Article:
http.Error(w, "invalid alive parameter", http.StatusBadRequest)
		return
	}

	people, err := db.ListPeople(filters)
	// ...
}

func getListPeopleFilters(r *http.Request, filters *db.PeopleFilters) error {
	filters.Alive, err = getBoolParam(r, "alive")
	if err != nil {
		return fmt.Errorf("invalid alive parameter")
	}

	filters.Married, err = getBoolParam(r, "married")
	if err != nil {
		return fmt.Errorf("invalid married parameter")
	}

	filters.ResidentOfOhio, err = getBoolParam(r, "resident_of_ohio")
	if err != nil {
		return fmt.Errorf("invalid resident_of_ohio parameter")
	}

	return nil
}

Is this easier to understand? I don’t think so. If we want to understand listPeople we will still have to understand the code in getListPeopleFilters, but now we have to look somewhere else. At best, we’ve moved the complexity, we haven’t reduced it. But if all you know is that “functions should be short”, this probably looks like better code to you. And that’s the trouble with the Cargo Cult of Good Code, it mimics good software design but misses the point entirely.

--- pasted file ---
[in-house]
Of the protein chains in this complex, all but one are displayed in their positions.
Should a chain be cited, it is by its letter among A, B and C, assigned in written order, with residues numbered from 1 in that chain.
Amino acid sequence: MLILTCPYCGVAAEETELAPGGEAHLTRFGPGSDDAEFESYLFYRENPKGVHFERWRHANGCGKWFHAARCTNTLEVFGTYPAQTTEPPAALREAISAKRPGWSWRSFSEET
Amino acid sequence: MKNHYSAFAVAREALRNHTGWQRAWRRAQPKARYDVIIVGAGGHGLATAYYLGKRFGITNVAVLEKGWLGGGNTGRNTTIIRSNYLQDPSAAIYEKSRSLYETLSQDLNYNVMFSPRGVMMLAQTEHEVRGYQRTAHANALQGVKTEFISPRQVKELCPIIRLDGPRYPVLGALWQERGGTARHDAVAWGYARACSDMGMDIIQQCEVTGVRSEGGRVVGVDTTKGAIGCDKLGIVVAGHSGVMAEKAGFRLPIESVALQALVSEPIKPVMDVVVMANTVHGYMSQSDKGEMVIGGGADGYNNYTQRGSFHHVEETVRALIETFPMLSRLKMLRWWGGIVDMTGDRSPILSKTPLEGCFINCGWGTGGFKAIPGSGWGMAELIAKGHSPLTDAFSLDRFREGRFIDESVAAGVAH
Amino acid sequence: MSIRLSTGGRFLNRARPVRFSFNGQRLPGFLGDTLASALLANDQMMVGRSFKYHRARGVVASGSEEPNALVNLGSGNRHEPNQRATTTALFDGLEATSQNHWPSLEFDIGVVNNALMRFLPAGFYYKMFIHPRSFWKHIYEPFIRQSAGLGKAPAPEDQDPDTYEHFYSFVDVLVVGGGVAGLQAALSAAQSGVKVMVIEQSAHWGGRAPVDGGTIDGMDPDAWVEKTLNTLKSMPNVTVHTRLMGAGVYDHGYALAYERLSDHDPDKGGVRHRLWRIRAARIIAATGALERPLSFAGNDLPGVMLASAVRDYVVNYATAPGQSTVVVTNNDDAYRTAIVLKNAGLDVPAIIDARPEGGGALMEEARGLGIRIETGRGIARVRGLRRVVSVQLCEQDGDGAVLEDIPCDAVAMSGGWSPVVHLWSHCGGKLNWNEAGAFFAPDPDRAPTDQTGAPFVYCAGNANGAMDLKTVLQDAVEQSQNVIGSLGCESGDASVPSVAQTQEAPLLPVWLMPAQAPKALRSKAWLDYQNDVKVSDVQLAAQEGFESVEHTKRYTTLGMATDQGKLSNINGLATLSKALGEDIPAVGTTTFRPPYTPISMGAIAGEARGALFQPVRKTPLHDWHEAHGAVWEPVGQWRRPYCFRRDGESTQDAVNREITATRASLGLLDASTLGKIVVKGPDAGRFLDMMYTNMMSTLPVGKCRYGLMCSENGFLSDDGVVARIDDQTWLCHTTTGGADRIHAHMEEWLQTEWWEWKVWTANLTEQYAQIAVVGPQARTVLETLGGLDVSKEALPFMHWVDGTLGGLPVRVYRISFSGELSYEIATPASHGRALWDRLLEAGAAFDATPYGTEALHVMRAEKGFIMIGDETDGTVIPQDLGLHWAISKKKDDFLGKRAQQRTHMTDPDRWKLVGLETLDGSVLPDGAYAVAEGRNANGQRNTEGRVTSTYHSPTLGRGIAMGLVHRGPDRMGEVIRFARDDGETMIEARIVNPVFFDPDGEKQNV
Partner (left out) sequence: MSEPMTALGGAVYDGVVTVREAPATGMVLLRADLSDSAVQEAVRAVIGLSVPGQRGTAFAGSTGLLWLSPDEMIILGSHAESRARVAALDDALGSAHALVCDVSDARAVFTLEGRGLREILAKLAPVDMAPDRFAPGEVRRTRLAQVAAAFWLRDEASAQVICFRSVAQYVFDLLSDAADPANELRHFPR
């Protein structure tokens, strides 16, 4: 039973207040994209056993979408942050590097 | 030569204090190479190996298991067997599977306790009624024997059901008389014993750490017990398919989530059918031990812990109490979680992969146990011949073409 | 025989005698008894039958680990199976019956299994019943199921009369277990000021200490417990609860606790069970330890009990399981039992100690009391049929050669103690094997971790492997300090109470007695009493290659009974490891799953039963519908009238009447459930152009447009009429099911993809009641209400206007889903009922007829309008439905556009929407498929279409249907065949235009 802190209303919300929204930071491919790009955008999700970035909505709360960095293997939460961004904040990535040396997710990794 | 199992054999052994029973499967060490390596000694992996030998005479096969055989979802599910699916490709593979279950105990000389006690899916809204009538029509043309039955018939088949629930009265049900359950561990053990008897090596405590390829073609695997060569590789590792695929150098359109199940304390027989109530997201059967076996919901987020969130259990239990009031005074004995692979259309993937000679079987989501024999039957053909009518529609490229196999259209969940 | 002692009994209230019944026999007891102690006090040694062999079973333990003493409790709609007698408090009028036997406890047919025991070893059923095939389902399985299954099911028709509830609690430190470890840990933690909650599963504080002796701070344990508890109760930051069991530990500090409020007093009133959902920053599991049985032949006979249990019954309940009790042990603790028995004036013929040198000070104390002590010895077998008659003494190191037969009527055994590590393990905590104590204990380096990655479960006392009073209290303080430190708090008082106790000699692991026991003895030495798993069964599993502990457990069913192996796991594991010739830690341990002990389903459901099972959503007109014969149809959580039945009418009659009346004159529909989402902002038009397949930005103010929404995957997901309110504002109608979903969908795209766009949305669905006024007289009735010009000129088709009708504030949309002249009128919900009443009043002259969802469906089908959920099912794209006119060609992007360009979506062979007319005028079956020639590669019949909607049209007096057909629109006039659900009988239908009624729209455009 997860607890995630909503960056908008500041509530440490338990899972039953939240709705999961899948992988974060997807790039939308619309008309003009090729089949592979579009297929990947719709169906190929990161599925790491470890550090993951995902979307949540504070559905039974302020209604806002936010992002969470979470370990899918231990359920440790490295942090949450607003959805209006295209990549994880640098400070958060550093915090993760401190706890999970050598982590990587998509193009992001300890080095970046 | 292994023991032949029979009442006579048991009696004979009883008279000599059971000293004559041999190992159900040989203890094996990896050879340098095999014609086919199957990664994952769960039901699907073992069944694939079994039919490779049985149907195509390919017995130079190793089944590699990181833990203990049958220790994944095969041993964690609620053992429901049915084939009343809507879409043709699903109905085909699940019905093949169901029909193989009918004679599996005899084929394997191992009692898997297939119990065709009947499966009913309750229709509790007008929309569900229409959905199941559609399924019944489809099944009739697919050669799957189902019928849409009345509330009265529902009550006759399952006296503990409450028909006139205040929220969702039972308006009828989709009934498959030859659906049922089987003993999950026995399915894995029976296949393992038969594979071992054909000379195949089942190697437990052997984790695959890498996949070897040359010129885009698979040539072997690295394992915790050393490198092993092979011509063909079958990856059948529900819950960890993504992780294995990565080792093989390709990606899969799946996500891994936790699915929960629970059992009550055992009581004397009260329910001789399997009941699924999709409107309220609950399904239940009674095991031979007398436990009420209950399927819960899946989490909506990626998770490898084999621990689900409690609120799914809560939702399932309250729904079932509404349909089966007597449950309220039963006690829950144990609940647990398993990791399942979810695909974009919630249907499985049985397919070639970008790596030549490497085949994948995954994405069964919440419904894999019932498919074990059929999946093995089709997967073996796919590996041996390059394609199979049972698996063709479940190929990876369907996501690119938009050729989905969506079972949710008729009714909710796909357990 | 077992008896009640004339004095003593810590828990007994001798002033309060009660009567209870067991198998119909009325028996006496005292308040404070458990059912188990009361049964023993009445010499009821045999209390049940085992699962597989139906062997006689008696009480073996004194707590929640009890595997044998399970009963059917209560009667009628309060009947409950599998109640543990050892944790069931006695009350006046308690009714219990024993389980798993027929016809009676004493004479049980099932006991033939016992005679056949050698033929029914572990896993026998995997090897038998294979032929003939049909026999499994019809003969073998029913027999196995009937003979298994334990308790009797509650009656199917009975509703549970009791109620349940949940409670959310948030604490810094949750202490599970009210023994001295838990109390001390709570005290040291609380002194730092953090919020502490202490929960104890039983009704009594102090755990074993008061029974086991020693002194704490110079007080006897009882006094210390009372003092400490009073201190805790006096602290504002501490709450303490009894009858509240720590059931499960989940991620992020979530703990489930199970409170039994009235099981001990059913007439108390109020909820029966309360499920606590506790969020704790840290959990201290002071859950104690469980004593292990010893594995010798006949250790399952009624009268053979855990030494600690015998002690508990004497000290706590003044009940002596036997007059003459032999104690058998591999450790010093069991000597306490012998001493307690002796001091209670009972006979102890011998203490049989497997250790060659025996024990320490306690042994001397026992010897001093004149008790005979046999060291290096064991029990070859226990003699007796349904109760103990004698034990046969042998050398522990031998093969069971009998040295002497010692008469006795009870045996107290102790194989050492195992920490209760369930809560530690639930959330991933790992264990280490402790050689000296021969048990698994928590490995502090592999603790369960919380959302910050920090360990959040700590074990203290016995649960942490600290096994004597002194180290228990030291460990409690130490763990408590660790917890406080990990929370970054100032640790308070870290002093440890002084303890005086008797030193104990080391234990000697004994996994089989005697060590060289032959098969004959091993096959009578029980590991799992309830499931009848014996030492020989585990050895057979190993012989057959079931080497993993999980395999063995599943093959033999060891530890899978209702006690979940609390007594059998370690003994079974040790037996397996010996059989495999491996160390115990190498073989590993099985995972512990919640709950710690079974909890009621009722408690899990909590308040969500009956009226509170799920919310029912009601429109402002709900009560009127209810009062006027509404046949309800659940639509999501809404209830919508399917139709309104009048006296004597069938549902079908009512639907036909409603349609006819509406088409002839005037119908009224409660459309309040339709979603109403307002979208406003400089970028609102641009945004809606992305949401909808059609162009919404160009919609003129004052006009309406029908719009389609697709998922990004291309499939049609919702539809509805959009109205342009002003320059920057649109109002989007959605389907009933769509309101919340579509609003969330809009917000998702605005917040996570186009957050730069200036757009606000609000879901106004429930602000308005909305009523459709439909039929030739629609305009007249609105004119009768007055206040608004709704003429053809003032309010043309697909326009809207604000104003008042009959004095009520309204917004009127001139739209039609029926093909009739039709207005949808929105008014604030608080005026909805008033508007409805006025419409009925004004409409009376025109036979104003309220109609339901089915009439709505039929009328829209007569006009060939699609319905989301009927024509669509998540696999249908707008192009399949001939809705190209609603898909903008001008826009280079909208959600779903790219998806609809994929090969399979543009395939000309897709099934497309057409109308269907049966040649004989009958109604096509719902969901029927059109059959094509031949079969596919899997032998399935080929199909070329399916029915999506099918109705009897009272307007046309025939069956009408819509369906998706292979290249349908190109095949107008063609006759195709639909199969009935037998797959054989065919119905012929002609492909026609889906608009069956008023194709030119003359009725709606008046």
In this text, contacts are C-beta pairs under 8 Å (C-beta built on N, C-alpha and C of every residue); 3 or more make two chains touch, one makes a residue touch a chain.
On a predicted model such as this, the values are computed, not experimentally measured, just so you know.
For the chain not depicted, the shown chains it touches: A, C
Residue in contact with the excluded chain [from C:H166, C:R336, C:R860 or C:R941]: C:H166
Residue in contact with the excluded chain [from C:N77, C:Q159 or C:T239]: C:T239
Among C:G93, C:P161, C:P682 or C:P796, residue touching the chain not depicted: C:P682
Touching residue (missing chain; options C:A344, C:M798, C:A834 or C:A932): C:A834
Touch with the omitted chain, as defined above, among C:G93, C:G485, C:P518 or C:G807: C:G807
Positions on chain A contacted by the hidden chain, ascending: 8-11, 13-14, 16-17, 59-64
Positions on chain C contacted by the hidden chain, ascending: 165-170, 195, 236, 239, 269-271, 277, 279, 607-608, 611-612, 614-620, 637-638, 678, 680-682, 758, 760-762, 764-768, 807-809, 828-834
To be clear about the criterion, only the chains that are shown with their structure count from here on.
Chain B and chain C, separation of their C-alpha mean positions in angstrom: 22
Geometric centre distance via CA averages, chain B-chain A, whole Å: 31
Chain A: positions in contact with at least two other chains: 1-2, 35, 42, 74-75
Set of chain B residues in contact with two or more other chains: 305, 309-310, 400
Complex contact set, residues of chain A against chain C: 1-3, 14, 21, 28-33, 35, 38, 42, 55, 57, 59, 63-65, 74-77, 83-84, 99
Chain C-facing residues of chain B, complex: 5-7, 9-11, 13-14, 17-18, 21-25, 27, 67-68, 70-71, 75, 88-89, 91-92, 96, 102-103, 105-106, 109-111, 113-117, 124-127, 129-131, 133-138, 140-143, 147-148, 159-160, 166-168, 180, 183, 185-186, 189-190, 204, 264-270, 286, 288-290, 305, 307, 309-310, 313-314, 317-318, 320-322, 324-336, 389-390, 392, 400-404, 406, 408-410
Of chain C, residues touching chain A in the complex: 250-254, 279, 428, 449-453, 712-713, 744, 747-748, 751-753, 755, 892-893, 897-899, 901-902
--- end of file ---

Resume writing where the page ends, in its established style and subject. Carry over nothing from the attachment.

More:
For a long time, I was focused on following a set of rules for writing good code, that often didn’t seem to work. I wrote about one attempt to solve this dilema (not that I recommend reading it). I was trying to write good code, but I lacked the criteria to judge good code from bad code. All I had to go on was a fuzzy, and entirely subjective, idea of “cleanliness”. I am grateful that someone pointed me to A Philosophy of Software Design. We can quibble about the implications, but the understanding that reducing complexity is the point of structuring code was enormously helpful to me, and I hope it is to you as well.